Updated: 2 pm | Posted: 11:30 a.m.
A billionaire tech investor stunned the entire Morehouse College promotion when he announced in his early days that he would pay off their student loans – estimated at $ 40 million.
Robert F. Smith, this year’s speaker, made the announcement Sunday morning speaking to nearly 400 graduates of the historically black college in Atlanta. Smith is the Founder and CEO of Vista Equity Partners, a private equity firm that invests in companies focused on software, data and technology.
“On behalf of the eight generations of my family who have lived in this country, we are going to put some fuel on your bus,” Smith told the graduates. “This is my class, 2019. And my family is making a grant to eliminate their student loans.”
The announcement drew stunned looks from faculty and students, before the graduates began to cheer the morning. Morehouse said it was the biggest giveaway in college.
Smith, who received an honorary doctorate from Morehouse at the ceremony, had previously announced a $ 1.5 million donation to the school.
Smith said he expected recipients to “pay up front” and that he hopes “every class has the same opportunity in the future.”
In the weeks leading up to his graduation from Morehouse on Sunday, 22-year-old financial major Aaron Mitchom wrote up a spreadsheet to calculate how long it would take him to pay off his $ 200,000 in student loans – 25 years to half of his monthly salary, according to his calculations.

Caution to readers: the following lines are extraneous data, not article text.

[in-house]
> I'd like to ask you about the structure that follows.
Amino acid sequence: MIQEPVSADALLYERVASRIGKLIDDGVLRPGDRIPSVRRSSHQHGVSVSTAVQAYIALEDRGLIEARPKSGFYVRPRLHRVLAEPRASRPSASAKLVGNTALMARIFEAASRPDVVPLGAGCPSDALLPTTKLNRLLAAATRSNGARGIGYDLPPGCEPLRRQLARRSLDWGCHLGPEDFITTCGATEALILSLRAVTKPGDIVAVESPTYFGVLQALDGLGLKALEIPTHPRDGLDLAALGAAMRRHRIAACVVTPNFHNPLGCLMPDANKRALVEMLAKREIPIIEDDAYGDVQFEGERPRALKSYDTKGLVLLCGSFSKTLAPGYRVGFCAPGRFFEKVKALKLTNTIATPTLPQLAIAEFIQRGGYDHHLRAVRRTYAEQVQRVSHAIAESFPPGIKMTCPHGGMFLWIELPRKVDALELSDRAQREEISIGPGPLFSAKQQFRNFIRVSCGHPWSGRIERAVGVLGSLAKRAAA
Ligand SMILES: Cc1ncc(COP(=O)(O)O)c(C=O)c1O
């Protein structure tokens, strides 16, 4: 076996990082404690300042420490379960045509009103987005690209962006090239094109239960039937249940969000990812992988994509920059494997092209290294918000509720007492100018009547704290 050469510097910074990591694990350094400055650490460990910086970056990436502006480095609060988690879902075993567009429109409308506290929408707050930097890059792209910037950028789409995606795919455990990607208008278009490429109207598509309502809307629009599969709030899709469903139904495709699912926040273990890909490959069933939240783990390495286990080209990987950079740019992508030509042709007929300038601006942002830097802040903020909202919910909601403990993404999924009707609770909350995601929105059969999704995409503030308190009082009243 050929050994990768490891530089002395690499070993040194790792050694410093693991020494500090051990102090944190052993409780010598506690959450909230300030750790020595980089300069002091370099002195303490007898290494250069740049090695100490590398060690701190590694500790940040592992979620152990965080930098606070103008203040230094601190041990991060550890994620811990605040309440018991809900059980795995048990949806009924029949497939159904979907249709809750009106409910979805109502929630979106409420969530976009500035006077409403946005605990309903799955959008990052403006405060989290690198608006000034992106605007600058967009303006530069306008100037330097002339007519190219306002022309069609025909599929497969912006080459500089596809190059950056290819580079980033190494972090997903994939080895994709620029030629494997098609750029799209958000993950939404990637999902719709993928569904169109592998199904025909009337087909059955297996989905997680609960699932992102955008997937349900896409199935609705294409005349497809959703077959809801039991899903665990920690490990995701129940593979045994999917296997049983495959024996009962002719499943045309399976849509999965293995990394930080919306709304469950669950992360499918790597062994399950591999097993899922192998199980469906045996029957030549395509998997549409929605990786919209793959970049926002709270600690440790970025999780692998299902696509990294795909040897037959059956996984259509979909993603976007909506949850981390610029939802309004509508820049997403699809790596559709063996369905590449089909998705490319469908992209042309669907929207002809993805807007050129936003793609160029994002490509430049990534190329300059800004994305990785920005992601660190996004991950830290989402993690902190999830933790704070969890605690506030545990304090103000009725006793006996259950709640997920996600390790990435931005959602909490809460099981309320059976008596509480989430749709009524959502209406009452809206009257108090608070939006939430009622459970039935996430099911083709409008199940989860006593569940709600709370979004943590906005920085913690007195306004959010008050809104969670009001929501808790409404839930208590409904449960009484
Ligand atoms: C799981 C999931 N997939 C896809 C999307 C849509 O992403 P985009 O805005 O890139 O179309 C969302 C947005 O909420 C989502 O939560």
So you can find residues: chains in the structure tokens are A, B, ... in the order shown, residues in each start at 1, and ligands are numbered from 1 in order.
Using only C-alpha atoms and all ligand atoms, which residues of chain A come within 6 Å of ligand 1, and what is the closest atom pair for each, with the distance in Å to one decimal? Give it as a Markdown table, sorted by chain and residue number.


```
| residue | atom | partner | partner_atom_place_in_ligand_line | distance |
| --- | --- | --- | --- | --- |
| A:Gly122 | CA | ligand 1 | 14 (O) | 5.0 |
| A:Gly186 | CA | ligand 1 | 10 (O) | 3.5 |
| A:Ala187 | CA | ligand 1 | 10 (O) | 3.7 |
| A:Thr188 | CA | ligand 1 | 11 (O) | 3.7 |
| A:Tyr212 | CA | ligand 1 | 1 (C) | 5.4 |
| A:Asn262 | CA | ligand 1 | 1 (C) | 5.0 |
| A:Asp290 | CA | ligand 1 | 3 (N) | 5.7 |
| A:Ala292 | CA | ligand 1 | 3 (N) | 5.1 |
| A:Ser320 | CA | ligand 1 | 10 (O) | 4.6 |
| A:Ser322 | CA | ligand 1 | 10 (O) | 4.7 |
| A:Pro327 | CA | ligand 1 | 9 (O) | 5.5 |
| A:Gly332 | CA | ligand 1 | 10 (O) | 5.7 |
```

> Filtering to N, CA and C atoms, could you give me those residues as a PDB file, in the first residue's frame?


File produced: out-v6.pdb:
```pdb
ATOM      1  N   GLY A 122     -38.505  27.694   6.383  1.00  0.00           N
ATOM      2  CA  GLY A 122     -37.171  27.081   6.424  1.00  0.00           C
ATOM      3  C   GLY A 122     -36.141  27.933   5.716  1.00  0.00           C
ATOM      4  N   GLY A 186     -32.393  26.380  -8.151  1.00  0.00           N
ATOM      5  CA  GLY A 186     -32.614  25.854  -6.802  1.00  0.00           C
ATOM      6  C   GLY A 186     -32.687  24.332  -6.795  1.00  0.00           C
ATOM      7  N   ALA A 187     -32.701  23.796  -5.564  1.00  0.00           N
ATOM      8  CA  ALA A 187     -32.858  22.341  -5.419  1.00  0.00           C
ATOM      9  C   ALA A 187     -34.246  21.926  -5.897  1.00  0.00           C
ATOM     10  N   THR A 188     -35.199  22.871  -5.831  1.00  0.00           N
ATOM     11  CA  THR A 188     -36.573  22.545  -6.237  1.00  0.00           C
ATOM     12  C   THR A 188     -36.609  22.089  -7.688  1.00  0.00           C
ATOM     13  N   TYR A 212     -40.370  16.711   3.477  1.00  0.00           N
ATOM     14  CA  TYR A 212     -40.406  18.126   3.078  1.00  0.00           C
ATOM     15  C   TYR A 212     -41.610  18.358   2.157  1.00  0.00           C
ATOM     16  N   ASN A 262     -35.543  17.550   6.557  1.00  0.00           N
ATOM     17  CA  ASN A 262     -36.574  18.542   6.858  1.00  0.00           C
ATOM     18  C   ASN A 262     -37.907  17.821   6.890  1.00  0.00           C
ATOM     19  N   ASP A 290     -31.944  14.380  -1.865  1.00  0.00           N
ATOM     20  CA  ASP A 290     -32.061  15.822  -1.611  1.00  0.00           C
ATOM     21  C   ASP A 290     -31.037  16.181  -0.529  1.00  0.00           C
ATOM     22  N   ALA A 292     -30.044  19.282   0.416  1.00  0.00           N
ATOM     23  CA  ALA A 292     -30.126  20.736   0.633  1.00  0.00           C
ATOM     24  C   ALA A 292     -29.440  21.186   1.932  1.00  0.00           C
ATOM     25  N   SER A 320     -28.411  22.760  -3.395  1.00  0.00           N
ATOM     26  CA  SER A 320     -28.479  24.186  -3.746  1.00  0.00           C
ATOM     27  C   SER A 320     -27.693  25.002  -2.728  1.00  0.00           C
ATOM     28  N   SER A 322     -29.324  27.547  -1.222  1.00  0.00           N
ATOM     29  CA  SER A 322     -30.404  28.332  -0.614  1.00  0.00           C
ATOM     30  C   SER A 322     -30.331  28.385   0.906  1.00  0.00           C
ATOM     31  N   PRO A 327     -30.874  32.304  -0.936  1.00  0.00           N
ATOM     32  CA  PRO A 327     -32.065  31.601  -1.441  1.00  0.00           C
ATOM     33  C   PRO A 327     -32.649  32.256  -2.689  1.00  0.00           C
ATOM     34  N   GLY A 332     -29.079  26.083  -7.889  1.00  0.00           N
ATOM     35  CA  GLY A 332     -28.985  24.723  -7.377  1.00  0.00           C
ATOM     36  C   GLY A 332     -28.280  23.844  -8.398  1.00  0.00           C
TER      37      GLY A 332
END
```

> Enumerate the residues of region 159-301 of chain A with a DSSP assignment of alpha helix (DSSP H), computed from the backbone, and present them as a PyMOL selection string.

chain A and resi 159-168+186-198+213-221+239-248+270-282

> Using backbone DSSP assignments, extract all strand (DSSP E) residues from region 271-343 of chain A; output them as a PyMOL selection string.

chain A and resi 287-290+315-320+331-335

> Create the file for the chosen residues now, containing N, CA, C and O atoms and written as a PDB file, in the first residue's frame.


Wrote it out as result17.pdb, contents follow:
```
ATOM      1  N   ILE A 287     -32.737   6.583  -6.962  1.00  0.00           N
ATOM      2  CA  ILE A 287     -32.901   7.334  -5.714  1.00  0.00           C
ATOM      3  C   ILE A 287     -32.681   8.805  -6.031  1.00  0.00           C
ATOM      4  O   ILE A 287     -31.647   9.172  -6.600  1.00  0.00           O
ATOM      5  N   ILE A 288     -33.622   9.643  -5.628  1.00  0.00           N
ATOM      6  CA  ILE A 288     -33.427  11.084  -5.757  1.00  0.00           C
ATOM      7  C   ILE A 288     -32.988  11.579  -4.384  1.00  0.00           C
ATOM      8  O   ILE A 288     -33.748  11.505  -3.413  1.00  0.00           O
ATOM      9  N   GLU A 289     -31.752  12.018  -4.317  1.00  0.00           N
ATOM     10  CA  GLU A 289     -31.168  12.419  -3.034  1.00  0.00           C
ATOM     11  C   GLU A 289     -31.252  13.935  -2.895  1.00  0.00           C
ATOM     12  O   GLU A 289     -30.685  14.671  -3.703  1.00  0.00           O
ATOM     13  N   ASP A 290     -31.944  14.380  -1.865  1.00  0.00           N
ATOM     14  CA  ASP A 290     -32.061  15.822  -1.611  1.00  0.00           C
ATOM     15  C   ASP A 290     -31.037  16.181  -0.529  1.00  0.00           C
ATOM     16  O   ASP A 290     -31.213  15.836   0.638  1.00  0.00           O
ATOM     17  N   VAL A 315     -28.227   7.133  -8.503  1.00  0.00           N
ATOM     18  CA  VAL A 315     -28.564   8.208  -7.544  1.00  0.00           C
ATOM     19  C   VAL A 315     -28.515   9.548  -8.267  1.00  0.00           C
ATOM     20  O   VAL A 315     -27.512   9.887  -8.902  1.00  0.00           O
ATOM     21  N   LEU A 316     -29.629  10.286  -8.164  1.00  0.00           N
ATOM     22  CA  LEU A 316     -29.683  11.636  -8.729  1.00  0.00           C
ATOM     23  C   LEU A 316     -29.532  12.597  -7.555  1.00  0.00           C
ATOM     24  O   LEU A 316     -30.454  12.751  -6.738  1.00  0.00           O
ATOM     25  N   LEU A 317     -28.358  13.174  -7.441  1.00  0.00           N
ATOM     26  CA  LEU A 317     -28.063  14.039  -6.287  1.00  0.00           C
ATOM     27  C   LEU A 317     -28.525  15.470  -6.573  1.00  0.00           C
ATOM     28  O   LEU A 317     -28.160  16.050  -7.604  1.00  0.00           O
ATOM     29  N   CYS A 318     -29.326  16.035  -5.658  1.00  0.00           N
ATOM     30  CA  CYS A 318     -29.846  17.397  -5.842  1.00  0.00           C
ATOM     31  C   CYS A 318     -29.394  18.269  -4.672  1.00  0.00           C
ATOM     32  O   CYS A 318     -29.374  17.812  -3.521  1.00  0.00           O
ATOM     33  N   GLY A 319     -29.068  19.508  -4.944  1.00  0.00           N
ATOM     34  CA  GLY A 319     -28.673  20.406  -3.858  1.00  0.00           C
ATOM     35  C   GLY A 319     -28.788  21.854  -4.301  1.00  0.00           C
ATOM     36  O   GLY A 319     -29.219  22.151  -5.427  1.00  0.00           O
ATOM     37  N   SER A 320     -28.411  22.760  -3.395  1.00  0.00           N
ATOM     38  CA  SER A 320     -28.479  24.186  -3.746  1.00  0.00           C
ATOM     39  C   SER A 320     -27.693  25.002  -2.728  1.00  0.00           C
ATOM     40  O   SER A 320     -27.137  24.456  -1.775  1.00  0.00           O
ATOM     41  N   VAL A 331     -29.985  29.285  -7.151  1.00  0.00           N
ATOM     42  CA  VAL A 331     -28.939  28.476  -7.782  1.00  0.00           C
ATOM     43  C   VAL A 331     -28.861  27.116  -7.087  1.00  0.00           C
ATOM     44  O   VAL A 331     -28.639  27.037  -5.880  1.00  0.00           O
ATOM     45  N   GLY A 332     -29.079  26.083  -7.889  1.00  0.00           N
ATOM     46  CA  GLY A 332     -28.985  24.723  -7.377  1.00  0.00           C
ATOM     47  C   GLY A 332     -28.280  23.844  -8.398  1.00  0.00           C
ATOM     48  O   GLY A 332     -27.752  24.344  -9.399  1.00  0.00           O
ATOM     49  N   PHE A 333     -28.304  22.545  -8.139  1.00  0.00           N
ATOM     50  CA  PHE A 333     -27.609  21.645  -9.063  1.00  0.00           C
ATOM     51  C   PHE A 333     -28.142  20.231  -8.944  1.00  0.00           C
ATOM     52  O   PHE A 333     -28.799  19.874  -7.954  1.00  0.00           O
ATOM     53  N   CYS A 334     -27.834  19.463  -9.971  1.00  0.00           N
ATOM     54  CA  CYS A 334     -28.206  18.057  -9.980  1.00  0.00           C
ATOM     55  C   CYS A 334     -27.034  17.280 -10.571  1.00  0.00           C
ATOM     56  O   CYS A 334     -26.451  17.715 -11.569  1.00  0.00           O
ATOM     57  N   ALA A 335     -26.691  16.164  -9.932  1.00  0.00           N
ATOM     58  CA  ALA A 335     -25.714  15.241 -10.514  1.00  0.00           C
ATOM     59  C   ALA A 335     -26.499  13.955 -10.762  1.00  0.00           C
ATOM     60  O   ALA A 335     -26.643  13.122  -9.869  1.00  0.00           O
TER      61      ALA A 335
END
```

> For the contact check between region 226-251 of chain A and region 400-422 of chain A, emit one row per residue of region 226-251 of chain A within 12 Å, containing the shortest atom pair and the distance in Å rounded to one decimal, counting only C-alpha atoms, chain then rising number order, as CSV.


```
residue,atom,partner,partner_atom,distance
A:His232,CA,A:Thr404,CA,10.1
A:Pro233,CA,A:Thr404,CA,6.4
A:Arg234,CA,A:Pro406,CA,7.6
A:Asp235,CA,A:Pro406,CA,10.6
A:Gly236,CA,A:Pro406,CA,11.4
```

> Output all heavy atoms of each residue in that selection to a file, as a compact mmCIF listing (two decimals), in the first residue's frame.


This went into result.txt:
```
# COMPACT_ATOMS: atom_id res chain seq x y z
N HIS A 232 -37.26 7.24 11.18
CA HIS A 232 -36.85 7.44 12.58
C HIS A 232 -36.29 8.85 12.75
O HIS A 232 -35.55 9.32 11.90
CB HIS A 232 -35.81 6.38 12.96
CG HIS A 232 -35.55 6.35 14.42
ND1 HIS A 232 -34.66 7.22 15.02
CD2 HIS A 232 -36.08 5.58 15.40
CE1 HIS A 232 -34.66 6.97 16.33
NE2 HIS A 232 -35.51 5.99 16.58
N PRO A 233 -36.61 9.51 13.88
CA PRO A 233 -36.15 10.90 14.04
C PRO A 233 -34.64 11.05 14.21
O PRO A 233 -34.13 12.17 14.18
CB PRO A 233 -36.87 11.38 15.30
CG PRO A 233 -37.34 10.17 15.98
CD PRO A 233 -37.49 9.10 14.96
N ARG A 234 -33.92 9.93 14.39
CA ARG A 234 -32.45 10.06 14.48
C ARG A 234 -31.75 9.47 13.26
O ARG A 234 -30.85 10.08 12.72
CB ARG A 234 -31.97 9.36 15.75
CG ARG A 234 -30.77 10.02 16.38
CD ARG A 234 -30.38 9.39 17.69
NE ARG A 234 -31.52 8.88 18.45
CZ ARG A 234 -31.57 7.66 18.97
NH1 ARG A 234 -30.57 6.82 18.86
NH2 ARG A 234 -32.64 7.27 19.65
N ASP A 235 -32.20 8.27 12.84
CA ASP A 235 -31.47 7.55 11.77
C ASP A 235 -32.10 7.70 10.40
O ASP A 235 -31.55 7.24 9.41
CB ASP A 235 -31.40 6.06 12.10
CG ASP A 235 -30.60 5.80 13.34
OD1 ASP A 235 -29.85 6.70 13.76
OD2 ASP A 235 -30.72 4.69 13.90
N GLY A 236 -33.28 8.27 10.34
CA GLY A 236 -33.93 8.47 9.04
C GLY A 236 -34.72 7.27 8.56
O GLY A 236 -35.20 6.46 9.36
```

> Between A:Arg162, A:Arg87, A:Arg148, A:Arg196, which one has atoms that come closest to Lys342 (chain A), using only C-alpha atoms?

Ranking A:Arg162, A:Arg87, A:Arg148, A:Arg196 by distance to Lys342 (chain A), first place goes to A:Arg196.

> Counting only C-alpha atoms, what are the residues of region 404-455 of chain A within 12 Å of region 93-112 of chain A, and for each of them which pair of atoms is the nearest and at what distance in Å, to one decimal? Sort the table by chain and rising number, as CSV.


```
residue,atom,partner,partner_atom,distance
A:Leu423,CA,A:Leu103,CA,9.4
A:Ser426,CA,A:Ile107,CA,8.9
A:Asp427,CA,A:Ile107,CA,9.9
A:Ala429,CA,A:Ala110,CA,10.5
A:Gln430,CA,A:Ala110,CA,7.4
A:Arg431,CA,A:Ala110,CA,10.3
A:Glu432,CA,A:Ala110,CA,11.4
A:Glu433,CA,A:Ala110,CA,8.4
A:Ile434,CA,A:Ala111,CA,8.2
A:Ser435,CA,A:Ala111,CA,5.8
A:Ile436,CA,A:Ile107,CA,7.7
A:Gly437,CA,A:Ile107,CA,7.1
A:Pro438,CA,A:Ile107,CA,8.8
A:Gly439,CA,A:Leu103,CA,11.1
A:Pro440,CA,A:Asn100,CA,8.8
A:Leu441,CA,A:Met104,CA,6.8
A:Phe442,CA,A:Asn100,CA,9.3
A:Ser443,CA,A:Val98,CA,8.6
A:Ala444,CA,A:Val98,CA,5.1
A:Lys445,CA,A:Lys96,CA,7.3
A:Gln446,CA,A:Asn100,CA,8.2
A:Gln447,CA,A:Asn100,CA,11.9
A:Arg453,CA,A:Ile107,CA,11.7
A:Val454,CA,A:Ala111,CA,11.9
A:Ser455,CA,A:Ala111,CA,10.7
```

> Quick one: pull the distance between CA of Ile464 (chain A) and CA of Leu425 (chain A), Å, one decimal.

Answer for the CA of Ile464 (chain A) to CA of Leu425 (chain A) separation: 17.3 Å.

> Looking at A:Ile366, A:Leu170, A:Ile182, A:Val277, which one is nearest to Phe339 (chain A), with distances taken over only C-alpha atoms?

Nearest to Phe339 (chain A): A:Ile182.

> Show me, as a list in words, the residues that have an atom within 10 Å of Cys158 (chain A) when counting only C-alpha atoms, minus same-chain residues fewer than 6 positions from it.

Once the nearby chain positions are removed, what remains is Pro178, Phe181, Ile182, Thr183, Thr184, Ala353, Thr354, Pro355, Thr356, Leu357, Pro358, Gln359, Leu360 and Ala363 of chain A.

In an instant, that number was gone. Mitchom, sitting in the crowd, cried.
“I can delete this spreadsheet,” he said in an interview after the start. “I don’t have to live on peanut butter and jelly sandwiches. I was shocked. My heart sank. We all cried. Right now it was like a burden had been on. removed. “
Her mother, Tina Mitchom, was also shocked. Eight family members, including Mitchom’s 76-year-old grandmother, took turns for four years to co-sign the loans that brought him across the finish line.
“You need a village,” she says. “Now that means he can start paying up front and start closing that gap much sooner, giving back to college and thinking about a succession plan” for his younger siblings.
Morehouse College president David A. Thomas said the gift would have a profound effect on the future of students.
“A lot of my students are interested in teaching, for example, but come away with student debt that makes it untenable,” Thomas said in an interview. “In a way, it was a gift of liberation for these young men who had just opened up their choices.”
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